What other parents didn’t understand is that my child is much safer than theirs. If anything is off kilter or odd concerning my daughter, at least a dozen people will notice. The sequestered child is unknown by the community. How will the nice lady at the drugstore know when those people with her are not her parents? How will they know if she is in trouble?

    My daughter is 12 now and more parents are opening the doors so their older children can roam. Giving her friends with whom to lunch.

    What I’m taking forever to say is thanks, Lenore. We are not alone.

  16. Andy February 12, 2010 at 4:14 am #

    It’s funny that the “concerned stranger” is a bigger threat than the windowless van man in this letter.

  17. KarenW February 12, 2010 at 4:34 am #

    Oh come on! Would a concerned stranger really call the police about a 13 year old using public transportation? Public transportation was how I got to school and back every day from 7th grade on! Middle-school age kids are old enough to legally be home alone and even babysit younger kids. What I want to know is: isn’t there some point where CPS would just dismiss a complaint as being totally ridiculous? (I’m almost afraid of what the answer will be).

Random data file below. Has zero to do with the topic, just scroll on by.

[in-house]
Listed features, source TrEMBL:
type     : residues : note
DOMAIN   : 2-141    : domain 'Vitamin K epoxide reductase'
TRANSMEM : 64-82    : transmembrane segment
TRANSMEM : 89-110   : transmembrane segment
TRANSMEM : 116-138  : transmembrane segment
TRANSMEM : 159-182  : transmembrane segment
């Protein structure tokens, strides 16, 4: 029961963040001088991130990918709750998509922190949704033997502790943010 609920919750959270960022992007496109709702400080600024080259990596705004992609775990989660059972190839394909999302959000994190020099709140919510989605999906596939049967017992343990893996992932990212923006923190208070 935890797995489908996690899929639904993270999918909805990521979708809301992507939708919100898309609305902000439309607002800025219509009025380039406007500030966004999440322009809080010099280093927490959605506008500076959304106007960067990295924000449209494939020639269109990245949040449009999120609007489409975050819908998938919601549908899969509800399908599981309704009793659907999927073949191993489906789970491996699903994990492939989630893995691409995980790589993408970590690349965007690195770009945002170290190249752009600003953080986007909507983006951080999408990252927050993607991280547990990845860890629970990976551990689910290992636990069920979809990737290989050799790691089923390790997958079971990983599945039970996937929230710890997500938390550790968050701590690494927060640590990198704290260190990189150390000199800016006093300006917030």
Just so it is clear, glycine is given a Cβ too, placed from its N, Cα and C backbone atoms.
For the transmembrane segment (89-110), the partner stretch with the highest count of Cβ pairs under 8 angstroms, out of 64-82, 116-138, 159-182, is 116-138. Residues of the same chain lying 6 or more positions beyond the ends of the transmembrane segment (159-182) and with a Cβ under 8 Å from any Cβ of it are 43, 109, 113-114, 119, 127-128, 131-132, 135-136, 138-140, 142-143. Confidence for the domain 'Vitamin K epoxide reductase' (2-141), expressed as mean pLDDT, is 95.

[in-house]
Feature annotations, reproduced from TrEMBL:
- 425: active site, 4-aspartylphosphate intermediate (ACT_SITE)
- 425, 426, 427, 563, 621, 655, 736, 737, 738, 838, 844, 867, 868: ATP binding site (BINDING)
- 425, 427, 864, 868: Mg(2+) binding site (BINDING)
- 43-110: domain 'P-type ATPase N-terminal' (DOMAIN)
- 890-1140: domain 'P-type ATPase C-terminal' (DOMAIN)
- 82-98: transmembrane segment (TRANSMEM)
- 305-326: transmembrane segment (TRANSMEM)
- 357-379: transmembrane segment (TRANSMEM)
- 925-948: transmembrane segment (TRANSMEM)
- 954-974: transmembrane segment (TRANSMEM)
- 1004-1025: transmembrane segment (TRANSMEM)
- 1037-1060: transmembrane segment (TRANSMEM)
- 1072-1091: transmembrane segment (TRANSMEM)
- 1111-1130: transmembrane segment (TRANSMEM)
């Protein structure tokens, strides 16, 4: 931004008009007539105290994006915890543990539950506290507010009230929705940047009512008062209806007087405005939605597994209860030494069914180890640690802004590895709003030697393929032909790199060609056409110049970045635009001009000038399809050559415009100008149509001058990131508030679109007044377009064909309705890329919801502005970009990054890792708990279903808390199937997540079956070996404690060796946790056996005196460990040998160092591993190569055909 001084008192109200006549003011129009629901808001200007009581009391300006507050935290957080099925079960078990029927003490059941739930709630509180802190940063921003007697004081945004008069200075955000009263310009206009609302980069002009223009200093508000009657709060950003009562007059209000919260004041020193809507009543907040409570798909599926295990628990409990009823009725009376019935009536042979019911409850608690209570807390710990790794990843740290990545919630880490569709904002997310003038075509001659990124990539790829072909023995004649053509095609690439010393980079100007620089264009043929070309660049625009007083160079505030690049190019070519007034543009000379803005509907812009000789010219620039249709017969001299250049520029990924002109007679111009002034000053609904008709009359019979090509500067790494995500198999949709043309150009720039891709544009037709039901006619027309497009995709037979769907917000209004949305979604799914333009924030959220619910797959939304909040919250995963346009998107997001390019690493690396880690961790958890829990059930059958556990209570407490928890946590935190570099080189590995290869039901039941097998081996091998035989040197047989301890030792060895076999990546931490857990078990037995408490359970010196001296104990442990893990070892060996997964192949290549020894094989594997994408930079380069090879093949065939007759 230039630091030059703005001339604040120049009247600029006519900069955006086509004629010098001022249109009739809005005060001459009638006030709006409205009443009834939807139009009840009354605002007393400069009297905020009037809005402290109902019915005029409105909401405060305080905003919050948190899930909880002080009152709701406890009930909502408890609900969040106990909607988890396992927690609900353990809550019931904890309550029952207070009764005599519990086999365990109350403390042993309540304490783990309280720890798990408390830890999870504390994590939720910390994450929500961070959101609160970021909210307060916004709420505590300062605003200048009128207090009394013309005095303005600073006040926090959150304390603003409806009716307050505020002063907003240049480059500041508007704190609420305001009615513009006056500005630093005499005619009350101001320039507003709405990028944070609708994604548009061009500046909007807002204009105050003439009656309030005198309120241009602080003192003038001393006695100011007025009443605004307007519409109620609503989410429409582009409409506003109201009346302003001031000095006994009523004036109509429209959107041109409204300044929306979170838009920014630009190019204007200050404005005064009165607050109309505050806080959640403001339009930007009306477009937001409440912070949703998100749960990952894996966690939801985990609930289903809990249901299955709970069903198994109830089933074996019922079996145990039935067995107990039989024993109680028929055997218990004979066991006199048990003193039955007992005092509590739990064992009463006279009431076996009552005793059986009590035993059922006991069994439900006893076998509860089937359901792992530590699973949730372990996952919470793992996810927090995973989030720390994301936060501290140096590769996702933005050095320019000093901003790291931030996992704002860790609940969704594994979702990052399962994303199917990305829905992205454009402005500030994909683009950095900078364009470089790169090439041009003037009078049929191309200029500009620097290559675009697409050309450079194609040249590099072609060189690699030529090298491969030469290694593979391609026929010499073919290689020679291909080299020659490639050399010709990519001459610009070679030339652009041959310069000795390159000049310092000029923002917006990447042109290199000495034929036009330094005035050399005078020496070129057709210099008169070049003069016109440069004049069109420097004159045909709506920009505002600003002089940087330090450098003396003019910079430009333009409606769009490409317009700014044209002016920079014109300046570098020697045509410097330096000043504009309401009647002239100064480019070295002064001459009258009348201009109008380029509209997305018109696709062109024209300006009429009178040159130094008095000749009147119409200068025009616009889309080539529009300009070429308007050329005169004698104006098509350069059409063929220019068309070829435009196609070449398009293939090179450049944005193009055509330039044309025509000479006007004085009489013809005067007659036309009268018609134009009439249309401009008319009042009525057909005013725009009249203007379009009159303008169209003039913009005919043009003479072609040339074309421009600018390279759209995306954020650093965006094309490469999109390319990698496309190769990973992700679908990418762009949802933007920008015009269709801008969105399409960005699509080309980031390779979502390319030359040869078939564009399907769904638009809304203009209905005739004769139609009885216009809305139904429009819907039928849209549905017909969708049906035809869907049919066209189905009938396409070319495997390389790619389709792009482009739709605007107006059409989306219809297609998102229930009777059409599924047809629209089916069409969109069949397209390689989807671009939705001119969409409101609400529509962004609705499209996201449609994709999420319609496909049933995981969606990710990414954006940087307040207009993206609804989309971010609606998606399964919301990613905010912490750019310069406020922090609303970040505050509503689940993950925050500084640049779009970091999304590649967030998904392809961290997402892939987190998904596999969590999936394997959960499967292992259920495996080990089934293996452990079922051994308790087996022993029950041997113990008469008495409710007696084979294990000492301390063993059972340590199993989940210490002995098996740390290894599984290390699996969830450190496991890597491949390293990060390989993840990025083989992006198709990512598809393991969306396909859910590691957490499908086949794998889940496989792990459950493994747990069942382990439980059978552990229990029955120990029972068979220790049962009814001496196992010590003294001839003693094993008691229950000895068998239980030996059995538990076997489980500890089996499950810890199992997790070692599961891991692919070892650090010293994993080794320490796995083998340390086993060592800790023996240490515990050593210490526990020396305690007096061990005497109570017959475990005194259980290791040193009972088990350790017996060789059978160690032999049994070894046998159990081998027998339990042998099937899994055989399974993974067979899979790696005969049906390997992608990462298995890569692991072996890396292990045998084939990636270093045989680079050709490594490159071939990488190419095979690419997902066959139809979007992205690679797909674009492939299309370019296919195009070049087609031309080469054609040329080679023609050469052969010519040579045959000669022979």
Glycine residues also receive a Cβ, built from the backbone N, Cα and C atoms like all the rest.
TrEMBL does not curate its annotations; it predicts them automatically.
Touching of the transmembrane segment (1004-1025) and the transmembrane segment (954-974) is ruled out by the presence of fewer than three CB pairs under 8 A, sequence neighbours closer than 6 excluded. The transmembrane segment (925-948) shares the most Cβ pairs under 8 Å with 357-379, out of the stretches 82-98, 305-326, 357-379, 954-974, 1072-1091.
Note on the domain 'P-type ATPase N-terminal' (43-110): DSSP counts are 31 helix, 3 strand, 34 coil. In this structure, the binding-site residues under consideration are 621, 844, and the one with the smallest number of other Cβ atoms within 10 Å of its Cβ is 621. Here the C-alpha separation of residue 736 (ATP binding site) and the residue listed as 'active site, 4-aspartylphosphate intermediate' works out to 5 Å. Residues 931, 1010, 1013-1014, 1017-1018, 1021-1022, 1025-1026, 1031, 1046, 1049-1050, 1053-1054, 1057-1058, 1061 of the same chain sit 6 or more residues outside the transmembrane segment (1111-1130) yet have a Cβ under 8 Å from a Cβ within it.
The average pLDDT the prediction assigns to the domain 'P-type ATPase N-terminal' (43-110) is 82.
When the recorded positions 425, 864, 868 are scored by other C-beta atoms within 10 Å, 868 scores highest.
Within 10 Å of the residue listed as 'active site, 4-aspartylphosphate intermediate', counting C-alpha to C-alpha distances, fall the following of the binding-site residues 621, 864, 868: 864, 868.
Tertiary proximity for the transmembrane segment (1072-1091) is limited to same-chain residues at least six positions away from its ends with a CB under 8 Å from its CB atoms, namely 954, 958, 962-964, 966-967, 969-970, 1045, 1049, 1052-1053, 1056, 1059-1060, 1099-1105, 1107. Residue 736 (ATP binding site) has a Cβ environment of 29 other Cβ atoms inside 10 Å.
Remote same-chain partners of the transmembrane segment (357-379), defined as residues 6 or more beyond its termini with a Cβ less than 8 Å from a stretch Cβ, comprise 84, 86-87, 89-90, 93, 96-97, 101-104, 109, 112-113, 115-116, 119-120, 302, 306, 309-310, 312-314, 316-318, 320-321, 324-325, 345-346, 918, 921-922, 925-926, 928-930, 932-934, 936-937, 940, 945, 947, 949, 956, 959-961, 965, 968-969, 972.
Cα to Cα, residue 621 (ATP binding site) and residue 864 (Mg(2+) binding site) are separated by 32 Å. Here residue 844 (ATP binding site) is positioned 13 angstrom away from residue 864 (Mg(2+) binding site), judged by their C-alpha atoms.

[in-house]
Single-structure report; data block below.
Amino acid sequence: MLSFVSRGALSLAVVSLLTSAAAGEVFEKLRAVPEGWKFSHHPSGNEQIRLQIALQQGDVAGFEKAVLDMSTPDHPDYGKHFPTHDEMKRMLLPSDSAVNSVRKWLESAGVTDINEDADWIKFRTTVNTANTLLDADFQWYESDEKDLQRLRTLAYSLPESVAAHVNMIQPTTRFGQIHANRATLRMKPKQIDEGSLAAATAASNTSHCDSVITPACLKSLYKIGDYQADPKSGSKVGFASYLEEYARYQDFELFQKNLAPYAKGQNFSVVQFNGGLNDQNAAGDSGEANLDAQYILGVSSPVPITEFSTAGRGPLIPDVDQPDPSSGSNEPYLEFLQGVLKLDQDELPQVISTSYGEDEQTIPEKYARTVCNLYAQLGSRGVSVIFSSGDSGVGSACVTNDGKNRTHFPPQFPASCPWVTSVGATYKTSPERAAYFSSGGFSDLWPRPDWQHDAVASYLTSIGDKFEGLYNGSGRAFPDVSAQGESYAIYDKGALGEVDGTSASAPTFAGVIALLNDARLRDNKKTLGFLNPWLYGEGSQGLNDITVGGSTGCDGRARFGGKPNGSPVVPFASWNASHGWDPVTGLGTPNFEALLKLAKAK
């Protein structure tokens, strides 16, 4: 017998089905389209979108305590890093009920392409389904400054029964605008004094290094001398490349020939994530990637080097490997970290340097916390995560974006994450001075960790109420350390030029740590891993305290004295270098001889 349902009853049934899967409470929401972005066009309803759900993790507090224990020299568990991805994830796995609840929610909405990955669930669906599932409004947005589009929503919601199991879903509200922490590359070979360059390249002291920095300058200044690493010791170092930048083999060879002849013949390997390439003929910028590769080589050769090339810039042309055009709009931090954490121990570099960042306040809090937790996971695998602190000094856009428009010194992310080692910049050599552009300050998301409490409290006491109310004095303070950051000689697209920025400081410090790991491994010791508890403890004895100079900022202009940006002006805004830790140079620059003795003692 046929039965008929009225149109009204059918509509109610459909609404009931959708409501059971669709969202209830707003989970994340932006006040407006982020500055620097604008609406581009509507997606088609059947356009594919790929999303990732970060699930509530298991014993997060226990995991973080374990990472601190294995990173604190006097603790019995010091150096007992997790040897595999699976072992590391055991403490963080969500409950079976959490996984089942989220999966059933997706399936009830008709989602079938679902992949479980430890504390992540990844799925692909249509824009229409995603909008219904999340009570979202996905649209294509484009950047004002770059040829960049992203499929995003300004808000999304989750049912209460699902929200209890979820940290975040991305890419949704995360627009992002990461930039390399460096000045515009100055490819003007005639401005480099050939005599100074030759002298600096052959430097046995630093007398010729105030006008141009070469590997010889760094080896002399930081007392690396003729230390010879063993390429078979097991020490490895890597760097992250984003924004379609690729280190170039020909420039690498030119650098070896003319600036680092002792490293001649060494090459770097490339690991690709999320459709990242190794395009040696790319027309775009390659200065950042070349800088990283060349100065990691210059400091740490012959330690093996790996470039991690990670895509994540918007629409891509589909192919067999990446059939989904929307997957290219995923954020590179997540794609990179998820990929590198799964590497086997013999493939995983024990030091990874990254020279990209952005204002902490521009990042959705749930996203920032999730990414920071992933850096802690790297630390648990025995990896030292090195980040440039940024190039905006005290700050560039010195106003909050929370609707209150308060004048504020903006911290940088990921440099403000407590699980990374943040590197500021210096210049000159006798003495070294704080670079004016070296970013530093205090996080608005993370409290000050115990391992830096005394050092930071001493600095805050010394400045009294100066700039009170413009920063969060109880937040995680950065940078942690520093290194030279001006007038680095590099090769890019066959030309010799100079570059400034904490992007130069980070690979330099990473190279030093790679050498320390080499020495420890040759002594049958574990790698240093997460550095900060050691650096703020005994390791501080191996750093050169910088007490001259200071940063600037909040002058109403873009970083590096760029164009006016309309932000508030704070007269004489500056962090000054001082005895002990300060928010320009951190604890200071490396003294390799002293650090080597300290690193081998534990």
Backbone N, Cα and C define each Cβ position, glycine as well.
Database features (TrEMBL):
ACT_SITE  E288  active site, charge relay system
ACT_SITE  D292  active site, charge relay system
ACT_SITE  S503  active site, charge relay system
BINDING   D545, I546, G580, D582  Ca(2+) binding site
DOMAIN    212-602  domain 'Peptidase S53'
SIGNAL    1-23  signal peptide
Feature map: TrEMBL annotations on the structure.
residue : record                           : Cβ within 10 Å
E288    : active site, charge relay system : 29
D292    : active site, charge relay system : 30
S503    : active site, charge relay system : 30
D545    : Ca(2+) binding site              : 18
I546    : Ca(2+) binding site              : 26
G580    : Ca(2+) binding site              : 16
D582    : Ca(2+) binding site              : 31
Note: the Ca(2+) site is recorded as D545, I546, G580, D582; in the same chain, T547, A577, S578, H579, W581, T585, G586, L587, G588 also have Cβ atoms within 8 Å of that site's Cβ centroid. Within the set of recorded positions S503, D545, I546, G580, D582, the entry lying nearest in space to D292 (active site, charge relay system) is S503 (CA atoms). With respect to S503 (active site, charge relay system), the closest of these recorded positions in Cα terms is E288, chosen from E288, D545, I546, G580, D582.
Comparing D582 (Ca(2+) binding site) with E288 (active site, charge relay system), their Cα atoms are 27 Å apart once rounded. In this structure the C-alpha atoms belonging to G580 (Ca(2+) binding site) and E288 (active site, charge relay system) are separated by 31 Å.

18. Maggie February 12, 2010 at 4:42 am #

    Karen writes:

    Would a concerned stranger really call the police about a 13 year old using public transportation?

    Obviously, they did. The cops were not merely bored and toodling around my neighborhood, looking for someone to harass. At least, I surely hope they weren’t, or I’m going to have to have a word with our Chief.

    Whoever it was told the police that my boys were being “allowed to roam unsupervised” and that they were “afraid they might be in danger”.

    Is there a point that CPS will just dismiss a complaint as totally ridiculous? Absolutely not. They are required by law to investigate EVERY complaint they get, no matter how outlandish is sounds. Because really, just because you think that it’s an absurd idea that someone might be keeping their foster kids in cages, doesn’t mean it doesn’t happen. So they have to go investigate everything.

    And even if you’re completely cleared of the allegations, they keep a file on you forever.

  19. Shiri February 12, 2010 at 4:46 am #